After a short on-stage appearance at the Fan Fest and a quick private session with some high ranking Russian officials, we were back in the vans and on our way to our next destination, the Novogorsk Dynamo Training Center and Hockey School, where a teenaged Ovechkin played and trained in the years before Washington made him the first overall choice in the 2004 NHL Entry Draft. Even with a police escort, this ride took the better part of an hour, and hundreds were on hand awaiting his arrival.
Immediately upon arrival, Ovechkin hugged the woman behind the front reception desk; she has been working there since his youthful days at the center. Ovechkin’s parents were also waiting here to greet him, and it was his father’s first opportunity to see, hold and raise the Cup, providing an instant and epic photo opportunity for the media. With a group of young and wide-eyed current Dynamo hockey youth looking on, a small ceremony was held outside in front of the training center, including brief speeches from some of his former coaches before another shorter session of photo opportunities with Ovechkin and the Cup.
Inside and upstairs at the training center is a hall of fame of sorts for the many hockey greats who have gone through the Dynamo program. Framed NHL jerseys from its many noteworthy graduates adorn the wall, along with encased displays of old equipment and team photos from over the years. Ovechkin is featured prominently as you’d expect, with a white Caps jersey from back in the blue, black and bronze color scheme days and several other photos and artifacts, including a life-sized cutout.
The Dynamo “hall of fame” also houses a Nicklas Backstrom display, as the Caps’ center played there briefly during the 2012-13 NHL lockout.
Ovechkin held a press conference in Russian at the training center, and then he went into the tiny locker room where he laced up his skates as a boy and put the blades on one more time for a quick twirl with the Cup along with some close family and friends. After another short series of photos with Dynamo members and others, Ovechkin posed for photos outside with the policemen who comprised the police escort detail. Then it was back into the vans for the return trip to the hotel, and after a shower and a change of clothes, we assembled again for the evening’s final destination: Royal Arbat Karaoke Club, Moscow.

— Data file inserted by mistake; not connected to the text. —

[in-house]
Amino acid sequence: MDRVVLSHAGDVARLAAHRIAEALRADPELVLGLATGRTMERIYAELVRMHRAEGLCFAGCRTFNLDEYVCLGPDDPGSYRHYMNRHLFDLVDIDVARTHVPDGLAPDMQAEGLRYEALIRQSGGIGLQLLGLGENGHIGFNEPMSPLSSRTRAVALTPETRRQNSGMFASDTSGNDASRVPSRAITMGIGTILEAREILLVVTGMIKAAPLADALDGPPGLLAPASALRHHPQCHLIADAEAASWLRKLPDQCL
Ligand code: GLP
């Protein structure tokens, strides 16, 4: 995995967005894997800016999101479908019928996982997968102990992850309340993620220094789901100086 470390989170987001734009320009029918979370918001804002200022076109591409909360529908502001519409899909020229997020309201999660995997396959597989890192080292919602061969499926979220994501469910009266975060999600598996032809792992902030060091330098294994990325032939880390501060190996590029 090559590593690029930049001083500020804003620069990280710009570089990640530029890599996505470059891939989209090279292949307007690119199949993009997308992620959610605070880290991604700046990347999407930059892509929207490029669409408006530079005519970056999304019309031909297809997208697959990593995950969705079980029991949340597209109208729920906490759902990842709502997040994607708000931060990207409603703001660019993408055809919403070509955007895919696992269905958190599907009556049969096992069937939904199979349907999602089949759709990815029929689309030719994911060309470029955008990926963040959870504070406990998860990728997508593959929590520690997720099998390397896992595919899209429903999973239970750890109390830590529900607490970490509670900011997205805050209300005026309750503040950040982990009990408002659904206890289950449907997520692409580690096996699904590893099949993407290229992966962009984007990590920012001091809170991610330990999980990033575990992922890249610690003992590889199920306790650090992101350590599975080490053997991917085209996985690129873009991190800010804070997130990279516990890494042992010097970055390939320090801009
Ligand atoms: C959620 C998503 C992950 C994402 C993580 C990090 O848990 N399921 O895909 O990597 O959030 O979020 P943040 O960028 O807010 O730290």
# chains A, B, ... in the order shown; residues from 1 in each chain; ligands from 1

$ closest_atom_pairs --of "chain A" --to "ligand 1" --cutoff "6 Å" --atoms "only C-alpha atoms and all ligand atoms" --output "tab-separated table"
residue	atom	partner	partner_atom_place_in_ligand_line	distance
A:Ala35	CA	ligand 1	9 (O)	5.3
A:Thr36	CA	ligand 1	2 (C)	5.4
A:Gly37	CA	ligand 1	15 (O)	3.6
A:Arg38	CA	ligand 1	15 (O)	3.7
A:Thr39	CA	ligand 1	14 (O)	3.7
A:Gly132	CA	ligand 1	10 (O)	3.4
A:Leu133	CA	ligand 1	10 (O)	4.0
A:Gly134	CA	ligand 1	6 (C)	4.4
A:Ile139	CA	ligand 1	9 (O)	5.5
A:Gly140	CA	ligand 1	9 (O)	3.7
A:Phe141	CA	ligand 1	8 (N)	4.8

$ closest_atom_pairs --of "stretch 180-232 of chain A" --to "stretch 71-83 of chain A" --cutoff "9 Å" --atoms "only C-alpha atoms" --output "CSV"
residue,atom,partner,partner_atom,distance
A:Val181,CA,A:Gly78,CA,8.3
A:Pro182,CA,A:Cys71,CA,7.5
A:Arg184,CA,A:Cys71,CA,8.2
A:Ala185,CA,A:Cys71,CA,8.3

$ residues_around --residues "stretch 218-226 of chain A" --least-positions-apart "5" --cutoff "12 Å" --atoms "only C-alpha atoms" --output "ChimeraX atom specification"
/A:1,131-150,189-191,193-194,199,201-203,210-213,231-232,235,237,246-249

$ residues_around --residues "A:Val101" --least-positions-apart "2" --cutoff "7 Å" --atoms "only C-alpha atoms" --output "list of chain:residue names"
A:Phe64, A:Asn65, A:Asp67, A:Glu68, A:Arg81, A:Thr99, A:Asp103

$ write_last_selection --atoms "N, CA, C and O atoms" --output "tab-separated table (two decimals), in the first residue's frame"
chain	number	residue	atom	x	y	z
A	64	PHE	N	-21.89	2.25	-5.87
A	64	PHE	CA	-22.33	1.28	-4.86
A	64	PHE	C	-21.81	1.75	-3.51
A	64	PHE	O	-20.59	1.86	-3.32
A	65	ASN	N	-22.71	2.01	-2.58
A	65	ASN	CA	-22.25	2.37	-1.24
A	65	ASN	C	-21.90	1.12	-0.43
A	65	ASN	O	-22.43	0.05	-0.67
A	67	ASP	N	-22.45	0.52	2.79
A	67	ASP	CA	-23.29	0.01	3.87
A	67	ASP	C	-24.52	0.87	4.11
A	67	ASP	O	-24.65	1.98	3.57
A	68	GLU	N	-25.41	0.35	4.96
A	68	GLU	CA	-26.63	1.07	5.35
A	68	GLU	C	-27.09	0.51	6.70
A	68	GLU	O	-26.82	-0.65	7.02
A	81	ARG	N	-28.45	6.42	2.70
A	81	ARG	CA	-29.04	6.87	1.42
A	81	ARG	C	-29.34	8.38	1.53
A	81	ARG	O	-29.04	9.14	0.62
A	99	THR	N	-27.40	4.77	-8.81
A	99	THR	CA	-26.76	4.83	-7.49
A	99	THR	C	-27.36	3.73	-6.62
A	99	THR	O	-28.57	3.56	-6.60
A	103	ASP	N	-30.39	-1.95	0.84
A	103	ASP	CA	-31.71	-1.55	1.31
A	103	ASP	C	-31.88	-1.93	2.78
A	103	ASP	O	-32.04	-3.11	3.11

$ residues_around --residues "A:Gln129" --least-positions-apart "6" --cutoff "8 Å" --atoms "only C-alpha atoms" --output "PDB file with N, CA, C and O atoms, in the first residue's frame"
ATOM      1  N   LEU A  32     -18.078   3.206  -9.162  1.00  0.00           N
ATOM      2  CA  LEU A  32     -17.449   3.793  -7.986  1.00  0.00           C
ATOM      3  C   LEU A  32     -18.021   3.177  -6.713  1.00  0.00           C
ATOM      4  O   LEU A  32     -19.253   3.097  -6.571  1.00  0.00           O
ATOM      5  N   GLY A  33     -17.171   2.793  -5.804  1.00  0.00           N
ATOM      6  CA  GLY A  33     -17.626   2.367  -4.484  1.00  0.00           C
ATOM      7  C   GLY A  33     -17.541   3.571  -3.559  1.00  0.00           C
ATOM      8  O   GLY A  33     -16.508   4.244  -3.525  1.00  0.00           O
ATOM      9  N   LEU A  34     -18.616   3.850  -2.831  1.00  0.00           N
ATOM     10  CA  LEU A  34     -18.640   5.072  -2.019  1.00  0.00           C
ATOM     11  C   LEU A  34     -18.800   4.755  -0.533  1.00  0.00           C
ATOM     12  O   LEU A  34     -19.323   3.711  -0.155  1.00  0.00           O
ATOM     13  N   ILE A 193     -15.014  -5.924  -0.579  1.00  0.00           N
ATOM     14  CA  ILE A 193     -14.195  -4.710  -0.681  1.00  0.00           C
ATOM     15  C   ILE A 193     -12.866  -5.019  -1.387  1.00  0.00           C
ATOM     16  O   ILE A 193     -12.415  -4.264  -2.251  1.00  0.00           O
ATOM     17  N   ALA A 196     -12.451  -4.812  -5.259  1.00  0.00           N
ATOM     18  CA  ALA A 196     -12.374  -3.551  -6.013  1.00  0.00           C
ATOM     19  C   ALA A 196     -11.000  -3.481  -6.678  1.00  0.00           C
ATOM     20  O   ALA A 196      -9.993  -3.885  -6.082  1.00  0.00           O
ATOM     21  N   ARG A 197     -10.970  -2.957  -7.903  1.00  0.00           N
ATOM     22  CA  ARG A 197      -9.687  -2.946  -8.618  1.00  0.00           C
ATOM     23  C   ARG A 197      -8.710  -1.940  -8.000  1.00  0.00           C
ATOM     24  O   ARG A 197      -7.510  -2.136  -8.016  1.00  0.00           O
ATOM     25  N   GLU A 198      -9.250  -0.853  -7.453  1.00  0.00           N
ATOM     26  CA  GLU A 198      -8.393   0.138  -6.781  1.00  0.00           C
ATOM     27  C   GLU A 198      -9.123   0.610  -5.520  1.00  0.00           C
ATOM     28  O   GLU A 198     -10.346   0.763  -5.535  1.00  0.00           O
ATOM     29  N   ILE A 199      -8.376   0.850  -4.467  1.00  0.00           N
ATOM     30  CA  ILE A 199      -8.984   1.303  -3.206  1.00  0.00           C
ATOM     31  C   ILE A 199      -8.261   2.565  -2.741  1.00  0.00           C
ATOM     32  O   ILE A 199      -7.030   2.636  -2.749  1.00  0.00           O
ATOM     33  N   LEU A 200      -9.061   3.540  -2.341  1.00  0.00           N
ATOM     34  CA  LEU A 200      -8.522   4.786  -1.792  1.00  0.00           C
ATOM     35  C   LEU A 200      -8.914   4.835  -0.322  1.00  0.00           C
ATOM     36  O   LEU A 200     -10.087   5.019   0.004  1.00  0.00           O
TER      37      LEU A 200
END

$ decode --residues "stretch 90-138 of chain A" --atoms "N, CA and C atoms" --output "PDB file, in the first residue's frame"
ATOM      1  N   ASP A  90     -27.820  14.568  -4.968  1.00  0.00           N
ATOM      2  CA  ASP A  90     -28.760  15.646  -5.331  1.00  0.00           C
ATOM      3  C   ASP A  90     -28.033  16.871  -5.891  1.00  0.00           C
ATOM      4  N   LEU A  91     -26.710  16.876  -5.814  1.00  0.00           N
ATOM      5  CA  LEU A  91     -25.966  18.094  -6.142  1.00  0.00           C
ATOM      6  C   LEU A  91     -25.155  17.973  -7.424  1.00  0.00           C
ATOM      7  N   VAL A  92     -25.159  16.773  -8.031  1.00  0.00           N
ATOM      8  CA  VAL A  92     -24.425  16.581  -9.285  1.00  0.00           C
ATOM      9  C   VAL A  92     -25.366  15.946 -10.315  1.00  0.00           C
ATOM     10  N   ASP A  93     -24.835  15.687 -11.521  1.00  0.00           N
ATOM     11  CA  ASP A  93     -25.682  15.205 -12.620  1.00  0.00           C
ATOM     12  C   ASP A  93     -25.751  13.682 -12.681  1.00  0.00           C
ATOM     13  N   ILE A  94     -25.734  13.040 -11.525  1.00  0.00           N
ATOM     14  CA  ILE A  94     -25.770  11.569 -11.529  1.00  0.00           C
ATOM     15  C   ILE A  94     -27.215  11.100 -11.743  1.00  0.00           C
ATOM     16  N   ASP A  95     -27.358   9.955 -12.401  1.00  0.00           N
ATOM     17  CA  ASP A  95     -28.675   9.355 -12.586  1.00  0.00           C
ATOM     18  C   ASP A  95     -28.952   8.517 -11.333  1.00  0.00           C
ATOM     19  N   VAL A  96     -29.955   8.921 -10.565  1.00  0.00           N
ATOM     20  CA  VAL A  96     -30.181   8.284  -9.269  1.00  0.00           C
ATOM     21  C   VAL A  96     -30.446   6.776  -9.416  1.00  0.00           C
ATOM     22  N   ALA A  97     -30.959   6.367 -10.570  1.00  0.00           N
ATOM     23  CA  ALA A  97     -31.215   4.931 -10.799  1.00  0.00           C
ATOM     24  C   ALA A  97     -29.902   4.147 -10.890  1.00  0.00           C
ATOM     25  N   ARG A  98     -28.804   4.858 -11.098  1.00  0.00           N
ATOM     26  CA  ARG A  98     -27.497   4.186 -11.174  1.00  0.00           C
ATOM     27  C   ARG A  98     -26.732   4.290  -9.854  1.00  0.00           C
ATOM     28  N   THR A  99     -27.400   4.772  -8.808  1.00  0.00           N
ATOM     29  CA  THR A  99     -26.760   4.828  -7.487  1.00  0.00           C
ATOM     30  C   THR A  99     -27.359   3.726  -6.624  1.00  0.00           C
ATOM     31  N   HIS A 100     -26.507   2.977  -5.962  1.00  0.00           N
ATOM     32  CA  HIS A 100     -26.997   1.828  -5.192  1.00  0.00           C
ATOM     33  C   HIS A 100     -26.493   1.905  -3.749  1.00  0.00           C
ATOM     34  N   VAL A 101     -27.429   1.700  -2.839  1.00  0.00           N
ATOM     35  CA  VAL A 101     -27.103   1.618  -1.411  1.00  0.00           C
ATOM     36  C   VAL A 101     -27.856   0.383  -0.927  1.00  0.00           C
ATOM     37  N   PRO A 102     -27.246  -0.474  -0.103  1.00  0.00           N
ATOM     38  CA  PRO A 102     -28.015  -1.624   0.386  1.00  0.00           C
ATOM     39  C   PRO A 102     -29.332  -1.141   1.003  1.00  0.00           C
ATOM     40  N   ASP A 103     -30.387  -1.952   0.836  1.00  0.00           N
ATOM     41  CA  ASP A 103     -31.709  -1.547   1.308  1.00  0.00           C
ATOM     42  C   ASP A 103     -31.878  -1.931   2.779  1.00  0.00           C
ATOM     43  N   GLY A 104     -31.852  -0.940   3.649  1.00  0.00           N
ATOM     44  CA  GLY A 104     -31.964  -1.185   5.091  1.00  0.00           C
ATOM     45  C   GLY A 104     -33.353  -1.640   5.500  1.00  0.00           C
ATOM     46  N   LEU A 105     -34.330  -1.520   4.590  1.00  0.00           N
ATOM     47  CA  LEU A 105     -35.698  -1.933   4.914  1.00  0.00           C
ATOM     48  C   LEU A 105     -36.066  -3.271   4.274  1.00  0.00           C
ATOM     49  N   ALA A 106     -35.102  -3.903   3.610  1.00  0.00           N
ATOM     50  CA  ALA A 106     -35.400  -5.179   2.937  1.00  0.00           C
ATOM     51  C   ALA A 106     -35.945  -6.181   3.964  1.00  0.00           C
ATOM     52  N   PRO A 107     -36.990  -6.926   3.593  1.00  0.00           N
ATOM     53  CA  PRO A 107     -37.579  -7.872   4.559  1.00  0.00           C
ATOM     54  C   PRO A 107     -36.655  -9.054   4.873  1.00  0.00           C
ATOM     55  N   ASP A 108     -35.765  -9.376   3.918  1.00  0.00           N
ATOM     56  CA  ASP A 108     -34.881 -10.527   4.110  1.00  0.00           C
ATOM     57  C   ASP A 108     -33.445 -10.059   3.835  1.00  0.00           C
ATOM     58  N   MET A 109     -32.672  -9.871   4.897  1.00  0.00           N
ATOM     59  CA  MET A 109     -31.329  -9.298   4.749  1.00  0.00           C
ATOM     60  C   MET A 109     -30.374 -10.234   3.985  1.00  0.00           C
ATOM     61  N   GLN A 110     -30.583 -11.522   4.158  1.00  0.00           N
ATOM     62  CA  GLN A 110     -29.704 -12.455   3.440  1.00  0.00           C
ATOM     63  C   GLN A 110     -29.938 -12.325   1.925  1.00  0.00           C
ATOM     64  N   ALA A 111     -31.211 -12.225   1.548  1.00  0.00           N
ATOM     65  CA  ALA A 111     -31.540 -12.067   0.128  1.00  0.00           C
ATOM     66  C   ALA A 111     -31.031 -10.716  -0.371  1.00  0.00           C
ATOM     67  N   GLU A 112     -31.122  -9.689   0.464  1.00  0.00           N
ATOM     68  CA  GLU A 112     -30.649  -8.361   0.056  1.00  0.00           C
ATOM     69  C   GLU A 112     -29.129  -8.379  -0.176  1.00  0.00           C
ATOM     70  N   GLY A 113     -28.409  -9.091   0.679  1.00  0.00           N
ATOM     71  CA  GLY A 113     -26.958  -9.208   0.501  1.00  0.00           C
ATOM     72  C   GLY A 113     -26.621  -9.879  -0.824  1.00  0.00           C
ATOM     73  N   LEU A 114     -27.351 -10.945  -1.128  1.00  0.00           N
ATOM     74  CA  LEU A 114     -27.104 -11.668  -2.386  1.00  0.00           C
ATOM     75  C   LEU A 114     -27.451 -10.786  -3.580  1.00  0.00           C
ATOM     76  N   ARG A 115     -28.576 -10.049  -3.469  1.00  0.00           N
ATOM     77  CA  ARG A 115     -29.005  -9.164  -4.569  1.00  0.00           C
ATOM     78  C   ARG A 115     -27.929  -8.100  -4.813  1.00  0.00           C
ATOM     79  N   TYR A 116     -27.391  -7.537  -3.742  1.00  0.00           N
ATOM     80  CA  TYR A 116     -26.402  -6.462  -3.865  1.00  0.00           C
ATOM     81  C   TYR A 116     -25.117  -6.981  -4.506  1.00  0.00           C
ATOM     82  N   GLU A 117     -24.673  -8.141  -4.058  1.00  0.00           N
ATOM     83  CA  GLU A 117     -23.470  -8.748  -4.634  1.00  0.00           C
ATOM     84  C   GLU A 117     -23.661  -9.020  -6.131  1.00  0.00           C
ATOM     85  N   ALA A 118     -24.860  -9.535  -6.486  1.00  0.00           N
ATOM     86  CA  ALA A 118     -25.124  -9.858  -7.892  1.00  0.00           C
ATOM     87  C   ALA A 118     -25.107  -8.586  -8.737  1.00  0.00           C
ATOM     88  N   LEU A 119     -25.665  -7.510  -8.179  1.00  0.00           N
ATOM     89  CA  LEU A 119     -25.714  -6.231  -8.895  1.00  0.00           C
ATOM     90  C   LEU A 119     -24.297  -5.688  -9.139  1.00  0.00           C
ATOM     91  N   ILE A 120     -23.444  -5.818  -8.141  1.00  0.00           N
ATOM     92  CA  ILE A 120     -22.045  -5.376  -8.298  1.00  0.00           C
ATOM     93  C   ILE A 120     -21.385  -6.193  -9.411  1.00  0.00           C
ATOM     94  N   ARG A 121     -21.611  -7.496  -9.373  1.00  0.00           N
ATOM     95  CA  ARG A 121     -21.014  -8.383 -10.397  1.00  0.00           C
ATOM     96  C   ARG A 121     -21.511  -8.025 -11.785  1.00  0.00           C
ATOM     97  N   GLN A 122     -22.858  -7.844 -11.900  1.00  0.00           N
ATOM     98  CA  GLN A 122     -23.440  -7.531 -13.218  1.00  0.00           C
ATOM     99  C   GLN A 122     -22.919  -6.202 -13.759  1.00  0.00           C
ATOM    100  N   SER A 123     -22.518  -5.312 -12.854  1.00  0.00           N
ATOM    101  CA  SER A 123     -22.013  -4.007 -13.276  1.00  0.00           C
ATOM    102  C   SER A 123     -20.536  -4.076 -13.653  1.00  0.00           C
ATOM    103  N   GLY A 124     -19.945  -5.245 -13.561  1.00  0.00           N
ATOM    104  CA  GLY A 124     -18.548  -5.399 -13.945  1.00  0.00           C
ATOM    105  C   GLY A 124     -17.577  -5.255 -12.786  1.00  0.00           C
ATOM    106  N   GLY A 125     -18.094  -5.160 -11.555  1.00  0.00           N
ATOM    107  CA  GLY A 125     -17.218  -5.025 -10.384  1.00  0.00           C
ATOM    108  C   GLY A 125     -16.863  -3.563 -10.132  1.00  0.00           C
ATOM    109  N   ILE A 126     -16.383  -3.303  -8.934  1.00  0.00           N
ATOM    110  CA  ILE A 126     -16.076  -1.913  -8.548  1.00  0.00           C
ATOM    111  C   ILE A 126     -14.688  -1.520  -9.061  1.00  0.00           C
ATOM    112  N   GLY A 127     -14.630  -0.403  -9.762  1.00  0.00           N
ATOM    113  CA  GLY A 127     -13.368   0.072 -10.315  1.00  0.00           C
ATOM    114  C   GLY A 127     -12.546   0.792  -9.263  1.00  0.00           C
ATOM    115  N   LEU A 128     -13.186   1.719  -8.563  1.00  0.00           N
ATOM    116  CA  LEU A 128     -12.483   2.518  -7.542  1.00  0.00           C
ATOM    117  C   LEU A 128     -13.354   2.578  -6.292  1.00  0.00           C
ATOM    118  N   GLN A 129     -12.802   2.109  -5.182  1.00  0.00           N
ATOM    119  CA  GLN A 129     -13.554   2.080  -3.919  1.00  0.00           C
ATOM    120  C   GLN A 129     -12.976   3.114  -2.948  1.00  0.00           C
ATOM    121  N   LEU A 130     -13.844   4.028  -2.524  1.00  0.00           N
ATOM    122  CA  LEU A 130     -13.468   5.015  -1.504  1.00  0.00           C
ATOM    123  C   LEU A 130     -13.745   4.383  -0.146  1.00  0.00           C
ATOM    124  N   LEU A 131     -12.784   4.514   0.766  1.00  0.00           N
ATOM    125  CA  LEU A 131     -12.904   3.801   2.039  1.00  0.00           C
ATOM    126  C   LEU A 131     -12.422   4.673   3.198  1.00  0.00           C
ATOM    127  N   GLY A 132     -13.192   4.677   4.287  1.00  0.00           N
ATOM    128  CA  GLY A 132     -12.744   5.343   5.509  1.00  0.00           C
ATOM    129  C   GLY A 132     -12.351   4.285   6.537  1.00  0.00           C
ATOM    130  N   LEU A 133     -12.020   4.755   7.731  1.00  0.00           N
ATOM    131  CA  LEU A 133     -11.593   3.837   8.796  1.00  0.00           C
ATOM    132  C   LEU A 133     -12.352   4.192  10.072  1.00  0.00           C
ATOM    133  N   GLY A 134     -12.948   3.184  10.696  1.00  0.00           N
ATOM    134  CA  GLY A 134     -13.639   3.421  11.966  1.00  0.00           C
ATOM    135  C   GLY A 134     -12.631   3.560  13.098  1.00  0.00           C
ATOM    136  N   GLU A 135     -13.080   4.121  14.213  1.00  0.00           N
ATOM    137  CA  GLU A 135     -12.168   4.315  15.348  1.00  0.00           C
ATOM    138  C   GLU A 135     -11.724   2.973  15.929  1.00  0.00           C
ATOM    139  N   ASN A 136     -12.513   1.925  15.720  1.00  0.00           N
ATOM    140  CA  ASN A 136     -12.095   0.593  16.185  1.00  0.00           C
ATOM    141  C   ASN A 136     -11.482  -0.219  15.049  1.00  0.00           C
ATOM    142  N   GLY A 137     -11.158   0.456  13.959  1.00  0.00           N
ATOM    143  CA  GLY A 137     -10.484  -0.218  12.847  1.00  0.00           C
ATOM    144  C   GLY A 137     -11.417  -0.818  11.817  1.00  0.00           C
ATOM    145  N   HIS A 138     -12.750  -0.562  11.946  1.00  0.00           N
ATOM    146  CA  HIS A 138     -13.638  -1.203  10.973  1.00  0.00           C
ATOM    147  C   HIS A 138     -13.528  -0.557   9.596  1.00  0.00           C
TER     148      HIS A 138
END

I’ve spent very little of my time on this planet in karaoke bars, perhaps a total of 15 minutes before this night. Royal Arbat proved to be a luxuriously appointed and opulent spot with a number of large tables and big screen televisions. Those screens provided the backdrop of the early portion of this affair, as the Russia-Croatia World Cup contest held the rapt attention of the guests as and after they arrived. A wide variety of excellent food – sushi, salads and a variety of appetizers was spread liberally at every table, and the drinks began to flow freely, as they would until after sunrise the next day.
We all watched as Russia took an early 1-0 lead, but needed a thrilling goal late in extra time to match Croatia’s early goal in extra time, thus forcing a penalty kick conclusion, one that didn’t go in Russia’s favor. The disappointment was very brief, and it cast no pall whatsoever on the remainder of the night.